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Indie Theater Roundup: 7 Movies to See This Week

No need to pity the fool. If spending your weekend with B.A. Baracus and the rest of the reconstituted A-Team doesn't strike your fancy, you still have time to catch Michael Douglas' mesmerizing turn in Solitary Man, or Noomi Rapace's astonishing coming-out party in The Girl With the Dragon Tattoo. Here, as always, are some of the finest films currently playing at an indie theater near you.

1. Burning Man Film Festival
Where: Red Vic Movie House, 1727 Haight St., 415-668-3994
When: June 12-13
Why: You've spent hundreds on tickets. You've made Nevada's Black Rock City your unofficial second home. Now, for a few dollars more, you can celebrate Burning Man's 25th anniversary at the Red Vic, for two days of short- and feature-length films that trace the countereculture art festival's early history and examine how it's evolved into the epic-scale business enterprise it is today.

2. Joan Rivers: A Piece of Work
Where: Embarcadero Center Cinema, 1 Embarcadero Ctr., 415-352-0835
When: All Week
Why: It’s a startling revelation, seeing the famously tough Joan Rivers revealing such vulnerability in Ricki Stern and Anne Sundberg's A Piece of Work. Here, the two filmmakers delve into the comedian's personal and professional lives, and all they reveal points to a complicated and bittersweet portrait of a woman clinging to the fame she considers rightfully hers, tormented by insecurities and desperate to stay in the spotlight.

3. It Came From Kuchar
Where: Red Vic Movie House, 1727 Haight St., 415-668-3994
When: June 14-15
Why: San Francisco underground filmmakers George and Mike Kuchar get their due in Jennifer Kroot's doting documentary, which features revealing testimonials by the cinematic storytellers they influenced, including John Waters and Atom Egoyan. Kroot and George Kuchar, a longtime champion of B-movie sleaze and campy, made-on-the-cheap melodrama, will attend Monday's screenings to present one of his shorts; brother Mike will present one of his own Tuesday.

4. Solitary Man
Where: Sundance Kabuki Cinemas, 1881 Post St., 415-929-4650
When: All Week
Why: It is tempting to think of Solitary Man a belated coming-of-age story, but that would suggest Ben Kalmen (Michael Douglas, brilliant) learns something from his rapid nosedive to the nadir of a lengthy midlife crisis. One of the movie’s great strengths, in its convincing portrayal of a man unwilling or unable to put the brakes on his decline, is that Kalmen’s redemption is left as unfinished business. Screenwriter Brian Koppelman offers no facile solutions, and Douglas, who has played different versions of Kalmen before, doesn't leave us wanting them.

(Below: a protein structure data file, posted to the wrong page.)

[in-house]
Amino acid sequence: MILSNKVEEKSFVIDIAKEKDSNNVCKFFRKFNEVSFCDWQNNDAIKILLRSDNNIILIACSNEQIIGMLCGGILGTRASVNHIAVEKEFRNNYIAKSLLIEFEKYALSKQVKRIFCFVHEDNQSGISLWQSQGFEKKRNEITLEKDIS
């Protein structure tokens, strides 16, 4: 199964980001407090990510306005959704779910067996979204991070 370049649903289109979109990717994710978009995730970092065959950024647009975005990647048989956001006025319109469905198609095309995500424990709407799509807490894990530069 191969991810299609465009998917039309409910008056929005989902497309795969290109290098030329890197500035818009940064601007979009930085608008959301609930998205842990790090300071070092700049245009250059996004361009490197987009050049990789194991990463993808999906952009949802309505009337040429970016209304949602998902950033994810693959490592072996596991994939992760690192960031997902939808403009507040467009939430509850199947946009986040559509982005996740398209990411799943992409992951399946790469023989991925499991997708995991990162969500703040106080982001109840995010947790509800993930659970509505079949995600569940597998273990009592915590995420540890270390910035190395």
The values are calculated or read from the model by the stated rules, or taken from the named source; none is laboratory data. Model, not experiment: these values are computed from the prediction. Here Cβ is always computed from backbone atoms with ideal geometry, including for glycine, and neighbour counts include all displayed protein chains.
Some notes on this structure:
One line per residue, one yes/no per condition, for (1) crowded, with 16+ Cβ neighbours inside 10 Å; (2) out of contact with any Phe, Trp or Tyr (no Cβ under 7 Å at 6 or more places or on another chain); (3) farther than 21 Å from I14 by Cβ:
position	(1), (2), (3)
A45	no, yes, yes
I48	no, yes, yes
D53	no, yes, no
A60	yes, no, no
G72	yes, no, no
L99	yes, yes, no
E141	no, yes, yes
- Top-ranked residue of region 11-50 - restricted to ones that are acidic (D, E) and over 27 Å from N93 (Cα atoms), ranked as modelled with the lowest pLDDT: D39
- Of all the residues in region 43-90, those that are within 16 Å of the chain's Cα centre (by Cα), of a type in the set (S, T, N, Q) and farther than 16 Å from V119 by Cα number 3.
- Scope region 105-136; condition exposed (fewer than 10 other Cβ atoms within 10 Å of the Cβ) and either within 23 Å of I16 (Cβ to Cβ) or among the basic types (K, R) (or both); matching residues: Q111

5. Ondine
Where: Clay Theatre, 2261 Fillmore St., 415-346-1124
When: All Week
Why: The resurrection of Colin Farrell continues with Neil Jordan's whimsical fantasy about an Irish fisherman who happens on a mythical sea creature (Alicja Bachleda) and takes her in. The rewards are immediate: Her otherworldly beauty and disarming tenderness reawaken his spirit; her gift for song leaves his fishing nets full of fresh catch. Jordan's fairy tale may seem slight, but thanks to cinematographer Christopher Doyle (Paranoid Park), it boasts a rare visual splendor.

6. Splice
Where: Sundance Kabuki Cinemas, 1881 Post St., 415-929-4650
When: All Week
Why: Genetic engineers Clive (Adrien Brody) and Elsa (Sarah Polley) want to experiment with human DNA, but the pharmaceutical company that subsidizes their research forbids it. They could put the idea to bed, but what fun would that be? Emboldened by their recent successes, which include a hybrid caterpillar rich with life-saving proteins, they throw a human embryo into the mix, with disastrous, comic and disturbingly kinky results.

7. Micmacs
Where: Embarcadero Center Cinema, 1 Embarcadero Ctr., 415-352-0835
When: All Week
Why: Jean-Pierre Jeunet (Amélie, The City of Lost Children) returns with another wildly original madcap fantasy – also, the opening-night selection at last month's San Francisco International Film Festival – about a luckless homeless man (Dany Boon) who concocts an ambitious plan to take revenge on the weapons manufacturers responsible for ruining his life.